Saturday, July 13, 2013

IDF 5 year reforms, Belfast rioting, Syria rebel hostilities, Moyes first game

1) The Israeli Military has announced plans to update their force posture over the next five years. The major elements of these proposals include a reduction in the IDF officer corps and a greater focus on highly mobile weapon platforms like the Spike NLOS. At the forefront of these developments is a focus on potential future conflicts with Hamas and Hezbollah. Recognizing the relative immobility of Israeli forces during the 2006 Lebanon war, the IDF wants to ensure that this hindrance is reduced before another outbreak of violence. Israel understands that in order to defeat enemies like Hamas/Hezbollah - which rely upon small skirmishing groups of highly mobile rocket teams etc. the IDF must be able to employ its own weapon systems that allow for the timely engagement of their adversaries. Cognizant of the sensitivities with which Israeli military operations are viewed internationally, the Israelis also know that they need weapons that are highly discriminate - IE - mechanisms that minimize the likelihood of civilian casualties. In another sense, the IDF also seems to be building front line deployments around their most aggressive, operationally experienced units. That makes sense - the IDF recognizes the vulnerabilities of relying upon fresh forces in critical operations.
                However, on a more negative note, it appears that the IDF will cut spending on training operations. That's a risky proposition - dependency on technological assets cannot offset the loss of basic competencies. As a broader observation, I find it pretty staggering that the Israelis are willing to cut defense spending amidst ongoing regional instability.

2) Serious rioting broke out in Belfast, Northern Ireland on Friday. The problems arose when British loyalist marchers were prevented from walking through an Irish nationalist area of the city. This behavior is pathetic. As evidenced in footage of the scuffles, many of the aggressors were young men - probably drunk. They wanted an excuse for violence. It's deeply disappointing that occasional outbreaks of disorder like this one still occur in Northern Ireland. Though the situation is far more peaceful than it once was, sectarian hatred nevertheless remains a real problem. In a less serious but similarly interesting vein, it's worth checking out today's NY Times story on the challenges that top golfer, Rory McIlroy is forced to navigate in his home country.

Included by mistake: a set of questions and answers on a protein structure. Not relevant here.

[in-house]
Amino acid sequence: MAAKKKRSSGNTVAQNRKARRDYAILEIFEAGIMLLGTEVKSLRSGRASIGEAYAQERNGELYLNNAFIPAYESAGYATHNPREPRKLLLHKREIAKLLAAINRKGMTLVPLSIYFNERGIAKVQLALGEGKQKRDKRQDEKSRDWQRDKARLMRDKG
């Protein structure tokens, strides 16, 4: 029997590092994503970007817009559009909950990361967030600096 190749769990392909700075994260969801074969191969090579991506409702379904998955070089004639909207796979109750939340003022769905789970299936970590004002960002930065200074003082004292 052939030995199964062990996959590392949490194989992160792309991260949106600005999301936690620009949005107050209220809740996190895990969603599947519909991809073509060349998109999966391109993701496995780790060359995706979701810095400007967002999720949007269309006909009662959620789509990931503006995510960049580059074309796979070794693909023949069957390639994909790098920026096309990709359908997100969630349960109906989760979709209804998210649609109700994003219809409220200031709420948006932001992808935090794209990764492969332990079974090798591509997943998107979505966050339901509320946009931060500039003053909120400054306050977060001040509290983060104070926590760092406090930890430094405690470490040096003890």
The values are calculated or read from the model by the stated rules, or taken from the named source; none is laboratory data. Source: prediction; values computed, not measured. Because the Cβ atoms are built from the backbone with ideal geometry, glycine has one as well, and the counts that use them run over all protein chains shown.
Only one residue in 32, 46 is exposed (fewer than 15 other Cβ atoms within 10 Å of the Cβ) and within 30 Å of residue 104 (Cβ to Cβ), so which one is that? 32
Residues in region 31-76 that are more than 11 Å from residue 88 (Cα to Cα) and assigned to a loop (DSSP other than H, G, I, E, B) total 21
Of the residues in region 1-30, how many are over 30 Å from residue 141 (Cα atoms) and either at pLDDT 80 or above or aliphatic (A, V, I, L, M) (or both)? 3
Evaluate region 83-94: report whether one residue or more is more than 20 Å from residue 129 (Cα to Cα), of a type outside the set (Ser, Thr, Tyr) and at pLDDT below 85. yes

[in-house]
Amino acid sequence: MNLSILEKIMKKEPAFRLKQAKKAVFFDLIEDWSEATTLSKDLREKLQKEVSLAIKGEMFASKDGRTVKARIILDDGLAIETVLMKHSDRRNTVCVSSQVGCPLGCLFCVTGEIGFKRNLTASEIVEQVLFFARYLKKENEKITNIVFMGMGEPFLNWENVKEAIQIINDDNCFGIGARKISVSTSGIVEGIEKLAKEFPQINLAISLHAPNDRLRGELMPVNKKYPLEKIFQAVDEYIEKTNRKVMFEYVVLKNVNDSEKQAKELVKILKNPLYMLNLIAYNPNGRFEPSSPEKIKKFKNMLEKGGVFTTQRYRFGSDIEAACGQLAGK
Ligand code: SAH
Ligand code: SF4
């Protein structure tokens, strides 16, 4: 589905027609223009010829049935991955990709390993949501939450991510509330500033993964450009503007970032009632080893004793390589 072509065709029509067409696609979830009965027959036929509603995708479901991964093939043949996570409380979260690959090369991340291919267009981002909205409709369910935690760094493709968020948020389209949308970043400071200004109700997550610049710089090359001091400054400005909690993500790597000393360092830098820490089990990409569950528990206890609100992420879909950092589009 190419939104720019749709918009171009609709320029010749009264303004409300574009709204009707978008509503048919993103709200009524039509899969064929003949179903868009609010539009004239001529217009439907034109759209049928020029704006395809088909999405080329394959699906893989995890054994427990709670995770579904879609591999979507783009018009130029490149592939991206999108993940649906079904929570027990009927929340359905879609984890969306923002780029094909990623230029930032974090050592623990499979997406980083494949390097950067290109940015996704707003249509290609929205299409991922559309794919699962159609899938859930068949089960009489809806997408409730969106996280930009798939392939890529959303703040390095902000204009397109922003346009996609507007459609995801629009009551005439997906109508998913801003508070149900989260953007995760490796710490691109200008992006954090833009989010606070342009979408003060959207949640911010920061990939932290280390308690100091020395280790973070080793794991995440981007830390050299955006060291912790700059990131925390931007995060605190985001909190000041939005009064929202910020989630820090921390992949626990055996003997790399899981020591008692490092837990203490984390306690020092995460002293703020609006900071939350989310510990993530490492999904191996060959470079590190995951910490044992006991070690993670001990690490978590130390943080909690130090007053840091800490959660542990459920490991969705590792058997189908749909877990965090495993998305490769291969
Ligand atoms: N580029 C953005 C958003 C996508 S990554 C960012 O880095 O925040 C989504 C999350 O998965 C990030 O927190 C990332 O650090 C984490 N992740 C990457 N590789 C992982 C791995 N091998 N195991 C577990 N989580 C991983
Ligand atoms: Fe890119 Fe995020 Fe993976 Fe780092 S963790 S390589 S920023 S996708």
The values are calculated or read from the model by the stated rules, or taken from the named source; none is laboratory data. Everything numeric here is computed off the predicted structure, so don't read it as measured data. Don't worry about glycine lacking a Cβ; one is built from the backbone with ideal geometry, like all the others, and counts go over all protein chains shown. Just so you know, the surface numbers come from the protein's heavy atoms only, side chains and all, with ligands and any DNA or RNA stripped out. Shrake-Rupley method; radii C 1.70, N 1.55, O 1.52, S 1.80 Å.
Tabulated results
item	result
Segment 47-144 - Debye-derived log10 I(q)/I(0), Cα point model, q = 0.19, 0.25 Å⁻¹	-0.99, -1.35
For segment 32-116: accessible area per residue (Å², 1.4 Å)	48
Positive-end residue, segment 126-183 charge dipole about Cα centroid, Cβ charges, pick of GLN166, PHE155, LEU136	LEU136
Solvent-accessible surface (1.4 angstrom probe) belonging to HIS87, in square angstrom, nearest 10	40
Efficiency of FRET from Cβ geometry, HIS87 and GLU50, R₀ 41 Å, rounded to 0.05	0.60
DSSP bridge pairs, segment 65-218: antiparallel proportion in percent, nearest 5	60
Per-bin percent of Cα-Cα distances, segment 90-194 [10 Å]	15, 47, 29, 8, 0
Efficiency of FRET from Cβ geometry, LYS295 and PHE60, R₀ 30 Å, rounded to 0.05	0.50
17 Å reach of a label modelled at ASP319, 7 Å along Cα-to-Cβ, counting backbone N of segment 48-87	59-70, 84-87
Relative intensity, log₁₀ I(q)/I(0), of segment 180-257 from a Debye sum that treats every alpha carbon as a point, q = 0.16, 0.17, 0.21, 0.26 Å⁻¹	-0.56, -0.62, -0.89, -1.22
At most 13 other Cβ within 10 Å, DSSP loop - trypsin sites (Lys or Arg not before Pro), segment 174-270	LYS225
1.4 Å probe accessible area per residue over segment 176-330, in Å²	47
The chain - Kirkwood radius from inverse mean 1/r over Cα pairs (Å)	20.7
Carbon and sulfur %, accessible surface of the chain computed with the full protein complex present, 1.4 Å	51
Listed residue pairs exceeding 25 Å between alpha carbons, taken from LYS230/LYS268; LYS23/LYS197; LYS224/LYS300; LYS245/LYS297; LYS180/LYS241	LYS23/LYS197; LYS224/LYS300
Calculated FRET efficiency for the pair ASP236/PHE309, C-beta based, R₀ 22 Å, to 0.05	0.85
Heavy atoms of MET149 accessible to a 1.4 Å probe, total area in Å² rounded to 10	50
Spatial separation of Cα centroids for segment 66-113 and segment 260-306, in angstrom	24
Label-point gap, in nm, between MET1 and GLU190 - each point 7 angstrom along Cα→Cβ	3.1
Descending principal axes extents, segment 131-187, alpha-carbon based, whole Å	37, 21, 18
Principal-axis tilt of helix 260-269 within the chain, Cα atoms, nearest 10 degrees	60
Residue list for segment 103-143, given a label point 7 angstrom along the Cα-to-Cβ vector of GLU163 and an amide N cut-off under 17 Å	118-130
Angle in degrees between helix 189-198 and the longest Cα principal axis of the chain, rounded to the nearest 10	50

3) Tensions between Syria's various rebel forces have reached a boiling point. Many will argue that these hostilities necessitate greater US detachment from the conflict. On the contrary, I believe the opposite is true. At one point or another, the US was going to have to face up to the Salafist extremist threat inside Syria. As I've argued before, the US must use all of our influence to support the nationalist minded elements of the rebellion. Such a course (though admittedly risky) would allow us to support those forces who would be best placed to replace Assad with a semi-stable, pro-western government. Disengagement is not an option. Supported by the Putin mafia and supplemented by forces from Iran and Hizballah, Assad's regime has turned the tide of the conflict. We must alter this strategic equation.

4) David Moyes has lost his first game in charge of Manchester United. It's a shame, but this game was largely irrelevant. I'm confident that Moyes will be a highly successful manager for Britain's biggest club. Regardless, I'm very much looking forward to the start of the Premier League season in a month's time. With Pellegrini at Manchester City, Mourinho back at Chelsea and Fulham under ownership of a major investor, this should be an exciting year of soccer. The battle for the top four spots will be fierce; from my perspective, Arsenal, Chelsea, Liverpool, Man City, Man Utd, Tottenham (and of course Everton!) all have a good opportunity to reach the Champions League.

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